Author: Ryan Knighton
39. "I headed downtown right away. It was still early in the evening, glittering with electric, with ice; and trembling in the factories, those nearly all windows, over the prairies that had returned over demolitions with winter grass pricking the snow and thrashed and frozen together into beards by the wind. The cold simmer of the lake also, blue; the steady skating of rails too, down to the dark."
Author: Saul Bellow
40. "Mold—William Henry Yale also subscribed to Roosevelt's notions of the ideal American man and of the dangers of "over-civilization," code for effeminacy. The true man, in this worldview, was a rugged individualist, physically fit as well as intellectually cultured, as equally at home leading men into battle or shooting big game on the prairie as chatting with the ladies in the salon."
Author: Scott Anderson
41. "If I was a cynic I would be wondering if sooner or later some charismatic douche-bag might stomp all over this Little House on the Prairie dream of yours."
Author: Stephen Baxter
42. "Good luck with that," I said. Because seriously. The fuck? Strawberry social? Did I somehow move onto the set of the remake of Little House on the Prairie?"
Author: Susan Juby
43. "The story of the Utah prairie dog is the story of the range of our compassion. If we can extend our idea of community to include the lowliest of creatures, call them 'the untouchables', then we will indeed be closer to a path of peace and tolerance. if we cannot accommodate 'the other', the shadow we will see on our own home ground will be the forecast of our own species' extended winter of the soul."
Author: Terry Tempest Williams
44. "The yard consisted of grass and a Russian Olive tree, which was about the only kind of tree able to survive on the high prairies. Its thin, grey leaves made it look as though it were on the verge of dying, thereby fooling the elements and the bad weather into thinking that they didn't have to bother with something so spindly and bent, something so obviously on its last legs."
Author: Thomas King
45. "He continues to believe, here on his French leave, and at his ease, that the interference is temporary and paper, a matter of messages routed and orders cut, an annoyance that will end when the War ends, so well have They busted the sod prairies of his brain, tilled and sown there, and subsidized him not to grow anything of his own..."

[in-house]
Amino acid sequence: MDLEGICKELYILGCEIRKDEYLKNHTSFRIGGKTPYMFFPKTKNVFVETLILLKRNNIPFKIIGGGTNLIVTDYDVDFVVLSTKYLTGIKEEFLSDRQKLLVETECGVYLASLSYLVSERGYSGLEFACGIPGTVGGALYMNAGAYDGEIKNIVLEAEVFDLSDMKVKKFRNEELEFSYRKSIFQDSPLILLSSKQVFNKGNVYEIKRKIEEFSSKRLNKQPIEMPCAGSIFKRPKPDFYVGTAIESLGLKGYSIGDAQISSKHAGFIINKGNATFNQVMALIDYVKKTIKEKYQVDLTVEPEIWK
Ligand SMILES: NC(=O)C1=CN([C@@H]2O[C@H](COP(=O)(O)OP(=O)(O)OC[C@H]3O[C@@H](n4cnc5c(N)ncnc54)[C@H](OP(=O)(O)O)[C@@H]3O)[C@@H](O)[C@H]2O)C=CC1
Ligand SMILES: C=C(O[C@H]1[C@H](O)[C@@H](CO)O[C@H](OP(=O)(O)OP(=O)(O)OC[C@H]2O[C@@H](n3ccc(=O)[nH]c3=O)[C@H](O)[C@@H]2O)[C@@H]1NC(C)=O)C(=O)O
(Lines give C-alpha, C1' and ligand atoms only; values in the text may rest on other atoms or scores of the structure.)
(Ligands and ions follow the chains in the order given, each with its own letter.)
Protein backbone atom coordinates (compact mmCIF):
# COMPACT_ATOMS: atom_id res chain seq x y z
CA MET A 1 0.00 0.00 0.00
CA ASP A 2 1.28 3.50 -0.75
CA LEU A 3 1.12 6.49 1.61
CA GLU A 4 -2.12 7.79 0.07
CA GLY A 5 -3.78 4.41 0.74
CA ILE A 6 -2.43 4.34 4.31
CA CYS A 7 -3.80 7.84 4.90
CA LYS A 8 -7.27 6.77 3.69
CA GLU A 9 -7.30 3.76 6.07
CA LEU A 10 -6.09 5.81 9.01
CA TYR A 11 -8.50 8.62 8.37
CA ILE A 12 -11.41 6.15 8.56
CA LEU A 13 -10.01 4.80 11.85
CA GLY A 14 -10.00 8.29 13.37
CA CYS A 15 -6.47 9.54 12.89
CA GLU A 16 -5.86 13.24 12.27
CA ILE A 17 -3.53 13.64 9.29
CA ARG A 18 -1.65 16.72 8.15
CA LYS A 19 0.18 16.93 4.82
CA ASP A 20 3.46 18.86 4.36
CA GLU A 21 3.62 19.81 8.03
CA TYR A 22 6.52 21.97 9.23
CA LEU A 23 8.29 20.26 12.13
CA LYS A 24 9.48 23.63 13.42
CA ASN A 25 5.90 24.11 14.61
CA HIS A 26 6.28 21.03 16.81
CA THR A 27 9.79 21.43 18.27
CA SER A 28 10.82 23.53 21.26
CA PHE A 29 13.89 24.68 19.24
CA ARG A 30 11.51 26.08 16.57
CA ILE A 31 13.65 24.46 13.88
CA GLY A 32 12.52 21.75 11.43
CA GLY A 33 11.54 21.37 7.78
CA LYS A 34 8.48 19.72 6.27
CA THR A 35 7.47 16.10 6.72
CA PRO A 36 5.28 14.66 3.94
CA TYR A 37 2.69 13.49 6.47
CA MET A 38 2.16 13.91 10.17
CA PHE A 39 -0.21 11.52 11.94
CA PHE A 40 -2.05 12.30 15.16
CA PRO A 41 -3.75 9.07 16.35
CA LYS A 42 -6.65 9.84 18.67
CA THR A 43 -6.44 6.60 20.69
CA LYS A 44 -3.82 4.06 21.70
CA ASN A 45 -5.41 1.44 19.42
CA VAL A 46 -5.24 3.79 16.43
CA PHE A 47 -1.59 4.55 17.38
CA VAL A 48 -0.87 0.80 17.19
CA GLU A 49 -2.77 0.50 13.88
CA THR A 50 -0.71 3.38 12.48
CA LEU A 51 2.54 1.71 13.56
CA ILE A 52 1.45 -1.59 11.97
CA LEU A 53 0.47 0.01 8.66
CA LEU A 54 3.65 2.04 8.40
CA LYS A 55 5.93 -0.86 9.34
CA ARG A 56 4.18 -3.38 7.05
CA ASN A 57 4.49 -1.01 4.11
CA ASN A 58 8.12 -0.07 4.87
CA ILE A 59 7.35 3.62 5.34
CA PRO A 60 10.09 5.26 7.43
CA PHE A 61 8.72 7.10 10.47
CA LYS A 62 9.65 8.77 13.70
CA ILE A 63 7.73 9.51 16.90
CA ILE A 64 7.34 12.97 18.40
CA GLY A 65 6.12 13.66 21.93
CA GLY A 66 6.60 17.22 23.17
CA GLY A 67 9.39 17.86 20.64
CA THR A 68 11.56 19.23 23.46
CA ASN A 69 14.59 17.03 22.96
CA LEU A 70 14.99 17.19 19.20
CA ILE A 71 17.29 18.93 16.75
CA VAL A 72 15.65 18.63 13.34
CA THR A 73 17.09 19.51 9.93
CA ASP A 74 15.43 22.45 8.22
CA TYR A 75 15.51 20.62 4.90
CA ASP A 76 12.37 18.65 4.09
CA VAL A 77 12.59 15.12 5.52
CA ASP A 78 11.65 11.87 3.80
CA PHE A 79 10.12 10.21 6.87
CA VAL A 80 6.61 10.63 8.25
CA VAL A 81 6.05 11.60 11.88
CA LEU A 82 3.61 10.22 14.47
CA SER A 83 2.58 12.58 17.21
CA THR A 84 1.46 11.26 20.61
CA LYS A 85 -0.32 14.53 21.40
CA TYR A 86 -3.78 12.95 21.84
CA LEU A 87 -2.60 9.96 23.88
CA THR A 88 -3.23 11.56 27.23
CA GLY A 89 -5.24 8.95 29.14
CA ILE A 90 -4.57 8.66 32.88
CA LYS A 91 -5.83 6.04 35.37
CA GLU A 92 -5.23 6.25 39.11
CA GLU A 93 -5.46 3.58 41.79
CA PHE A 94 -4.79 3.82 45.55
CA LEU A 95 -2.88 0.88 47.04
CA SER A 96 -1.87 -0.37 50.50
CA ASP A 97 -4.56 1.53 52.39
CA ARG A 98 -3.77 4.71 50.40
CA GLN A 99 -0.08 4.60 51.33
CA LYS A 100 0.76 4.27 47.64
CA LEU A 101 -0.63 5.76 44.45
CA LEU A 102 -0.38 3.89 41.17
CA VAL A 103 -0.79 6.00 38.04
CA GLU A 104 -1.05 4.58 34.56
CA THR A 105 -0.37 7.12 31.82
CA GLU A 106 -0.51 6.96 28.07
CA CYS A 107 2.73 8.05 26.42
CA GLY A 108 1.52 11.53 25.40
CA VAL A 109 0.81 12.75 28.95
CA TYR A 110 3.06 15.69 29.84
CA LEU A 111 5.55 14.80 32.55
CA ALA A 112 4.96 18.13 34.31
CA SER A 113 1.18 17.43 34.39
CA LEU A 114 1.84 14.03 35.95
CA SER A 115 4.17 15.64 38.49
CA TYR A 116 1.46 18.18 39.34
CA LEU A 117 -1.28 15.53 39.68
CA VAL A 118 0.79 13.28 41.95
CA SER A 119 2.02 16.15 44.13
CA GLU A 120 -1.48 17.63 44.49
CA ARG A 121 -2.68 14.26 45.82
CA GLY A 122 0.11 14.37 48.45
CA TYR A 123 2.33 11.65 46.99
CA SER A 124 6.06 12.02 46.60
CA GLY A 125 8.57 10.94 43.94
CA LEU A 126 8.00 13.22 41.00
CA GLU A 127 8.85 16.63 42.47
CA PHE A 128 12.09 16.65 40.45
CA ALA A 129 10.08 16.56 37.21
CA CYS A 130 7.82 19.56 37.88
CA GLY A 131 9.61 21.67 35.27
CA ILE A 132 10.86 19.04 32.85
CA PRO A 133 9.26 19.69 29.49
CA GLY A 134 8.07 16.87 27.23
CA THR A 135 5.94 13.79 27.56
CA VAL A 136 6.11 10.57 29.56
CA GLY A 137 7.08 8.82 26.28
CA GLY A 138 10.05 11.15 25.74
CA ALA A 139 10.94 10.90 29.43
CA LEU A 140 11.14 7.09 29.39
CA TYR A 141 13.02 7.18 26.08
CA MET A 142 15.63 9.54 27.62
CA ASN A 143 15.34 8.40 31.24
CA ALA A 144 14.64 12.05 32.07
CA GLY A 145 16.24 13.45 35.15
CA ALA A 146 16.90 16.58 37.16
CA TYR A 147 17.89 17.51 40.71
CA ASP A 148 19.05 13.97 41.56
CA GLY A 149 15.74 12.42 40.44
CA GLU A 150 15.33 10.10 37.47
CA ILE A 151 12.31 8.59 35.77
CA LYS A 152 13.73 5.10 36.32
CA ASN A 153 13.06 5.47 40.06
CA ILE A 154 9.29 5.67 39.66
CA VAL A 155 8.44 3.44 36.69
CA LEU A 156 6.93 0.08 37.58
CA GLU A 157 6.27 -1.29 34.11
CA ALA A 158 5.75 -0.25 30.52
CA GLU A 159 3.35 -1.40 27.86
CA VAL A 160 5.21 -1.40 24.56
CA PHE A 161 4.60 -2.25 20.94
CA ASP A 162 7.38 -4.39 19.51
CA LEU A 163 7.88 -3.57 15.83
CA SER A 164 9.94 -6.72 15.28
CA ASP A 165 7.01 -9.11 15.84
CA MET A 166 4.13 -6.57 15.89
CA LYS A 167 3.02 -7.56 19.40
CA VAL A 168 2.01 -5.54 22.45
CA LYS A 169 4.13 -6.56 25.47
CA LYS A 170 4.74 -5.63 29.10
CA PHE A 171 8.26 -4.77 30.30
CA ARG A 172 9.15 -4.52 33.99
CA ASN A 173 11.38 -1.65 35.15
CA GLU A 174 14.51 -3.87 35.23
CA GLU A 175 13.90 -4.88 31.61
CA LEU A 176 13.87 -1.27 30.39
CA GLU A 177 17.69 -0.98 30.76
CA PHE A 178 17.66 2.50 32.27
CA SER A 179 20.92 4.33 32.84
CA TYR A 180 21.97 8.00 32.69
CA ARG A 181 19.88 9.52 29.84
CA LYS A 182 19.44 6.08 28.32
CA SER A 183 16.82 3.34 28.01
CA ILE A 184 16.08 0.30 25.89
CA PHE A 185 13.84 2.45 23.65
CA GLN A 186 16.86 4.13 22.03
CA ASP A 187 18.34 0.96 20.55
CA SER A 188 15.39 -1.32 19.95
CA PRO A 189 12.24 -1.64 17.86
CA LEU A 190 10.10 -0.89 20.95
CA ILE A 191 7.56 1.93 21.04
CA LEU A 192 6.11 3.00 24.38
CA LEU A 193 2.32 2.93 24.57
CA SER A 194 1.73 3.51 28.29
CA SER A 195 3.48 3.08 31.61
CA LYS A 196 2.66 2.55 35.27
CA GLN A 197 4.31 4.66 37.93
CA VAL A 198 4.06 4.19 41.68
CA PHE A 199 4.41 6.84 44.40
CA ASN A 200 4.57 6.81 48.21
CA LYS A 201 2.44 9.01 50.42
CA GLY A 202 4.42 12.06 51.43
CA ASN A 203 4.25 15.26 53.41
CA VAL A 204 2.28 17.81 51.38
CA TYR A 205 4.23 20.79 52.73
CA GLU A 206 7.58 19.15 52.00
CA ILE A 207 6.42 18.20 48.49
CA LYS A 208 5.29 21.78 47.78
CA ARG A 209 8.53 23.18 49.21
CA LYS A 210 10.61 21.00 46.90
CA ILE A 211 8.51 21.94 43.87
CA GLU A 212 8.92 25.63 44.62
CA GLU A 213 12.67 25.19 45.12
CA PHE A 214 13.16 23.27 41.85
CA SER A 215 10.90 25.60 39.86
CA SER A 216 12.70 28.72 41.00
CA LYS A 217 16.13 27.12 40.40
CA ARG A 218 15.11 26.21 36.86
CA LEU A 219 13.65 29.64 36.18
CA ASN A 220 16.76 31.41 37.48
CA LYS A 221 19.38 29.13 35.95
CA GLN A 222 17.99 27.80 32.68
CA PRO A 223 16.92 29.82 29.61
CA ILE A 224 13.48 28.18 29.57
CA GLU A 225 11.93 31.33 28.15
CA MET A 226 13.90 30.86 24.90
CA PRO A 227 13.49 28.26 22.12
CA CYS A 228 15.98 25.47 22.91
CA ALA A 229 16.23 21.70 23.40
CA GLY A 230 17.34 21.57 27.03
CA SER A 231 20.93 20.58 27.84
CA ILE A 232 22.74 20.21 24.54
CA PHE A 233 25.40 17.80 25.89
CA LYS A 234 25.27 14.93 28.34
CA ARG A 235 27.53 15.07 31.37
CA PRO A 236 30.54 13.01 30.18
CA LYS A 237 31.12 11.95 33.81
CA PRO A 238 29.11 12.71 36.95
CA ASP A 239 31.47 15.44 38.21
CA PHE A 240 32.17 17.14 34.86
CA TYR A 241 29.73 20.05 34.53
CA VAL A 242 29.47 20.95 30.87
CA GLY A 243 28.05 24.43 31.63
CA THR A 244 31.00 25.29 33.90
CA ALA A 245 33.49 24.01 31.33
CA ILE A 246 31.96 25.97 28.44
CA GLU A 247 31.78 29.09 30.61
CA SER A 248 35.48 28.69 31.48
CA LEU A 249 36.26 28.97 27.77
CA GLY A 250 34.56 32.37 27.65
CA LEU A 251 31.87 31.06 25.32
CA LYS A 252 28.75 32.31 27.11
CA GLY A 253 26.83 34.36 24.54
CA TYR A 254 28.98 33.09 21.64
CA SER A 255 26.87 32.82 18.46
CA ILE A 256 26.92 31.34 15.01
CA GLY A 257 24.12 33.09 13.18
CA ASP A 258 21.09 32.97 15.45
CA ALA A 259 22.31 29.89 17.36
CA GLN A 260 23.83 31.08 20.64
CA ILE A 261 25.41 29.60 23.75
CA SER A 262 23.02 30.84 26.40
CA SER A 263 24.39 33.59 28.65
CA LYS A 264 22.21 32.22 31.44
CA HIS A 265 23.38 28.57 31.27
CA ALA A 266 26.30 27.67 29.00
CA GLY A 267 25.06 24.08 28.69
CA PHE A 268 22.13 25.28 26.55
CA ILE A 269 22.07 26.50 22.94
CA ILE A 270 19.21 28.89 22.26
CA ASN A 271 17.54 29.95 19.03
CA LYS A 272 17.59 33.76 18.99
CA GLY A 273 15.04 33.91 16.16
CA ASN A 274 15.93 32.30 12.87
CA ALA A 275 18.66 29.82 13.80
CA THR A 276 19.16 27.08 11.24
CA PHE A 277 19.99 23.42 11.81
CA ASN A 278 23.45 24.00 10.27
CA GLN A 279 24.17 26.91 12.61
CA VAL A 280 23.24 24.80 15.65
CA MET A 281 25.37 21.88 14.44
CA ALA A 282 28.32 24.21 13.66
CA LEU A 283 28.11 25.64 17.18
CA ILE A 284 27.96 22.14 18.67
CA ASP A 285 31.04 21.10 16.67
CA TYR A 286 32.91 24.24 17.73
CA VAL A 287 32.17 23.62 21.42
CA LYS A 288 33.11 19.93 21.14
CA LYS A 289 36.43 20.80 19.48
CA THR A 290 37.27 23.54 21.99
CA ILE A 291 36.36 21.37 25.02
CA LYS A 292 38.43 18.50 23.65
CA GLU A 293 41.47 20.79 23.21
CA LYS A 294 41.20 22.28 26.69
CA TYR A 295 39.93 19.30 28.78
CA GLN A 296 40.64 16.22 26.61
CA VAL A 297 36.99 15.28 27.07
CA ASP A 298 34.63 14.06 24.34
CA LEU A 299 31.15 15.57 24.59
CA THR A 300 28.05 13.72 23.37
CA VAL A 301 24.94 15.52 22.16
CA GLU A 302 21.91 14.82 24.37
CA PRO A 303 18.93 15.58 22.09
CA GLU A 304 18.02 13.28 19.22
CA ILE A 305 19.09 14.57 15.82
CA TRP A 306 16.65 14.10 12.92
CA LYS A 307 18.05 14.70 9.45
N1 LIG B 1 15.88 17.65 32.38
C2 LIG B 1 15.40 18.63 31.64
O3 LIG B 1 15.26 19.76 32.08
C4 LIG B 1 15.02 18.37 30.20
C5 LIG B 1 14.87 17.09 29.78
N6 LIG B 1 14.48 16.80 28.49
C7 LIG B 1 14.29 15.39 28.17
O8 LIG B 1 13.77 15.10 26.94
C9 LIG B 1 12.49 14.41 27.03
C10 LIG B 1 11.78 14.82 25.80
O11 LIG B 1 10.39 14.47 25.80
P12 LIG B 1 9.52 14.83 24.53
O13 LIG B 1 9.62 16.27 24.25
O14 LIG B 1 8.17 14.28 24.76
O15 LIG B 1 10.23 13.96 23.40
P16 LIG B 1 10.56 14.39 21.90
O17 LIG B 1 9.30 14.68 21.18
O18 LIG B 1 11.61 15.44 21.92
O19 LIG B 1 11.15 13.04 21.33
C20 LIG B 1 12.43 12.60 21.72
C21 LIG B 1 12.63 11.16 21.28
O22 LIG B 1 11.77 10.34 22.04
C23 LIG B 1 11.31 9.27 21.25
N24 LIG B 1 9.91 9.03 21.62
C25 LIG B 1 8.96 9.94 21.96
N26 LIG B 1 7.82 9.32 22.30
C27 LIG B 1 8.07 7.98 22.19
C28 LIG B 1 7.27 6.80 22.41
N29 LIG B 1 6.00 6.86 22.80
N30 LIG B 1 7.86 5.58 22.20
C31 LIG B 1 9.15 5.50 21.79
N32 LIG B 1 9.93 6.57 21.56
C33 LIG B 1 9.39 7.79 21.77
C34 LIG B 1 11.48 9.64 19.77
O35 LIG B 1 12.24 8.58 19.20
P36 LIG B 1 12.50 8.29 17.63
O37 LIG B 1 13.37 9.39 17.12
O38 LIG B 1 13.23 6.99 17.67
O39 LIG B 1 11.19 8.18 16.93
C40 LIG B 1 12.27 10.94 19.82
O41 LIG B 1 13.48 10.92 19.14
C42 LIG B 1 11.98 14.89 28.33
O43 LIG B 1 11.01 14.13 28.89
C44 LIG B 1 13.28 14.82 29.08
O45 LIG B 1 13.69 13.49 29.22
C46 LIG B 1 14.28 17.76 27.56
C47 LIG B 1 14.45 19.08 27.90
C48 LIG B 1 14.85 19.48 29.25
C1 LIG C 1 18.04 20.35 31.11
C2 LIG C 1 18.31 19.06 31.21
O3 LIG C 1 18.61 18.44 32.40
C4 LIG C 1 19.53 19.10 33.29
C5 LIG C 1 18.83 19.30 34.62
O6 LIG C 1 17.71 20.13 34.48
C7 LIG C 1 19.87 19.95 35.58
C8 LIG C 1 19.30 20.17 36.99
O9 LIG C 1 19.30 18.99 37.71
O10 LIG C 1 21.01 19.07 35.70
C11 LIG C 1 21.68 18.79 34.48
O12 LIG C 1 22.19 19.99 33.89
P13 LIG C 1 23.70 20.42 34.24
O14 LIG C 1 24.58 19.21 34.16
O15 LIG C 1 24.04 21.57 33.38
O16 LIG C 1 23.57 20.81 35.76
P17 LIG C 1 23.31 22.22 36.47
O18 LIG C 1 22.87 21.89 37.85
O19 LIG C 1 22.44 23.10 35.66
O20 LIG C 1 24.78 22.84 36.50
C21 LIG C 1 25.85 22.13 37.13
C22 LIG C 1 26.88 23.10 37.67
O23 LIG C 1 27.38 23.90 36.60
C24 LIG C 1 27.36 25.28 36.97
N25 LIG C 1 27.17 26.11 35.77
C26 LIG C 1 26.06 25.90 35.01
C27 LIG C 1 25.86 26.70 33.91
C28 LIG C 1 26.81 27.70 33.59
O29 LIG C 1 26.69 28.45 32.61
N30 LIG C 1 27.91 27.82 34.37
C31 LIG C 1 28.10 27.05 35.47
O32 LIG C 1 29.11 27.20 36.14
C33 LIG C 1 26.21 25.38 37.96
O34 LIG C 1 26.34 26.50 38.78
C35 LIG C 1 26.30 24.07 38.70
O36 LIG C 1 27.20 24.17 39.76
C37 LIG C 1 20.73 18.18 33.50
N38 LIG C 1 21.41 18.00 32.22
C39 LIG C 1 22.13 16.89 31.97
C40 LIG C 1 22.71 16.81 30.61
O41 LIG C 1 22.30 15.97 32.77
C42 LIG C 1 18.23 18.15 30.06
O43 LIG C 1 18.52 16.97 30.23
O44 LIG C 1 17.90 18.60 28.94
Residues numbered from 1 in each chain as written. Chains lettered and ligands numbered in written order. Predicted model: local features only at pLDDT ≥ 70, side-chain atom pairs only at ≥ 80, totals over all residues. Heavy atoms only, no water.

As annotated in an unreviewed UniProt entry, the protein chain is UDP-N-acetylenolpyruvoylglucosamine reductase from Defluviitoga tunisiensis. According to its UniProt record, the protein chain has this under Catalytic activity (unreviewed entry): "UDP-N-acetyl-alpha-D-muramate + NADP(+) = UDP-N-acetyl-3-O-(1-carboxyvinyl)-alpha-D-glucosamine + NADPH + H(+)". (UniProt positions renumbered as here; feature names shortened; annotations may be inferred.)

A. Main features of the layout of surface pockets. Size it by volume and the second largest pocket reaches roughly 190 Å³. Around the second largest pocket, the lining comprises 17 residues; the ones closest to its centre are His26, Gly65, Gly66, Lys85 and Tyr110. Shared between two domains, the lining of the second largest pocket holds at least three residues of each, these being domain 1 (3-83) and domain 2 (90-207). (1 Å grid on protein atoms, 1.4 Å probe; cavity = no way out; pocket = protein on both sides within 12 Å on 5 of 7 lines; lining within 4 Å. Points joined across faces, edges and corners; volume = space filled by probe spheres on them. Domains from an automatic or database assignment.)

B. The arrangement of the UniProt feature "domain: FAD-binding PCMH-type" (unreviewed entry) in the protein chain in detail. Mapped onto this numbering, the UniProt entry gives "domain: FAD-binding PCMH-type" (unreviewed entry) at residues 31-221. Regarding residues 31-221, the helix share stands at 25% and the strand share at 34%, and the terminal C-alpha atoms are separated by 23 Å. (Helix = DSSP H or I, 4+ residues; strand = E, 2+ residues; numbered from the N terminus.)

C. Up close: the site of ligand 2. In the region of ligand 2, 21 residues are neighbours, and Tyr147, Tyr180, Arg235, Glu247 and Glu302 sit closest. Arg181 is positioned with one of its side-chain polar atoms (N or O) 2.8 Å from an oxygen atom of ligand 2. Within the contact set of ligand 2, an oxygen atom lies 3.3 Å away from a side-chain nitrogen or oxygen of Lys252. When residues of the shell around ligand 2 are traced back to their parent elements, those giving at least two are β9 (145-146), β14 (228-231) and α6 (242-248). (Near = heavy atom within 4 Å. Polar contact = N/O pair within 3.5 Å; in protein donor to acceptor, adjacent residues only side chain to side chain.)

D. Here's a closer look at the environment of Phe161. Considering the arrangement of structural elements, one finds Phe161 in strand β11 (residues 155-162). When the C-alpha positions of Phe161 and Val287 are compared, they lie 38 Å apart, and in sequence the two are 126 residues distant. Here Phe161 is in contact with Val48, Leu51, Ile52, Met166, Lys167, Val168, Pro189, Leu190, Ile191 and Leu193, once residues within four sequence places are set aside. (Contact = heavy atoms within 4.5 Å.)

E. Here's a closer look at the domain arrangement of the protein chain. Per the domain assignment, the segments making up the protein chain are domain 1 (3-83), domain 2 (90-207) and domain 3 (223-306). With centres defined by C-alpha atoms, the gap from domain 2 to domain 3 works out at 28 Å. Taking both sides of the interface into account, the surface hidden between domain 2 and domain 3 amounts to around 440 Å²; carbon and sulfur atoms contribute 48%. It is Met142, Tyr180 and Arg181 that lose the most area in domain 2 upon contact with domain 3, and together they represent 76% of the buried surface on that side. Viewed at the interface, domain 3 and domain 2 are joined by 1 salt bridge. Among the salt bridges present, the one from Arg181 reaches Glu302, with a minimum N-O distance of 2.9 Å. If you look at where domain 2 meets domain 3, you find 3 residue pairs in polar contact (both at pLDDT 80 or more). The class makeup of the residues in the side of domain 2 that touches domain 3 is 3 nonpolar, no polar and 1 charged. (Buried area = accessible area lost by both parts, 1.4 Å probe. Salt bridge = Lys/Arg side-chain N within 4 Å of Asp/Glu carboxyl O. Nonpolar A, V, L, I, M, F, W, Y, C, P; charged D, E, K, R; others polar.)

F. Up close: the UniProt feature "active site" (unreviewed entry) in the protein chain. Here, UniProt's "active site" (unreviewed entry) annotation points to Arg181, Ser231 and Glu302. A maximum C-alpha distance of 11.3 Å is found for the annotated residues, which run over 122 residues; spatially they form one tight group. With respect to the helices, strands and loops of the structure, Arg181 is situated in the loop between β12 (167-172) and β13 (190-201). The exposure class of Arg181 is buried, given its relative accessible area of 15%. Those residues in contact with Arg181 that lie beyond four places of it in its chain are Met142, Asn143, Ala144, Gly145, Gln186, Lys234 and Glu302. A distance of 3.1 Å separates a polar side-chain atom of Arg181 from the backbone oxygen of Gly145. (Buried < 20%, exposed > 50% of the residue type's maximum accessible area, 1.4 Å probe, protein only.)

Author: Thomas Pynchon
46. "The rising cost of prescription drugs has sparked a prairie fire that is spreading across our nation."
Author: Tim Pawlenty
47. "But there were moments when she played songs that made you wonder where she learned them, where indeed she came from. Harsh-tender wandering tunes with words that smacked of pinewoods or prairie. One went: Don't wanna sleep, Don't wanna die, Just wanna go a-travelin' through the pastures of the sky; and this one seemed to gratify her the most, for often she continued it long after her hair hard dried, after the sun had gone and there were lighted windows in the dusk."
Author: Truman Capote
48. "I believe the poor fierce-eyed child had figured out that with a mere fifty dollars in her purse she might somehow reach Broadway or Hollywood - or the foul kitchen of a diner (Help Wanted) in a dismal ex-prairie state, with the wind blowing, and the stars blinking, and the cars, and the bars, and the barmen, and everything soiled, torn, dead."
Author: Vladimir Nabokov
49. "While the train flashed through never-ending miles of ripe wheat, by country towns and bright-flowered pastures and oak groves wilting in the sun, we sat in the observation car, where the woodwork was hot to the touch and red dust lay deep over everything. The dust and heat, the burning wind, reminded us of many things. We were talking about what it is like to spend one's childhood in little towns like these, buried in wheat and corn, under stimulating extremes of climate: burning summers when the world lies green and billowy beneath a brilliant sky, when one is fairly stifled in vegetation, in the color and smell of strong weeds and heavy harvests; blustery winters with little snow, when the whole country is stripped bare and gray as sheet-iron. We agreed that no one who had not grown up in a little prairie town could know anything about it. It was a kind of freemasonry, we said."
Author: Willa Cather
50. "As I looked about me I felt that the grass was the country, as the water is the sea. The red of the grass made all the great prairie the colour of winestains, or of certain seaweeds when they are first washed up. And there was so much motion in it; the whole country seemed, somehow, to be running."
Author: Willa Cather

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You got the this place lookin' like a whore-house." Jitty said."
Author: Carolyn Haines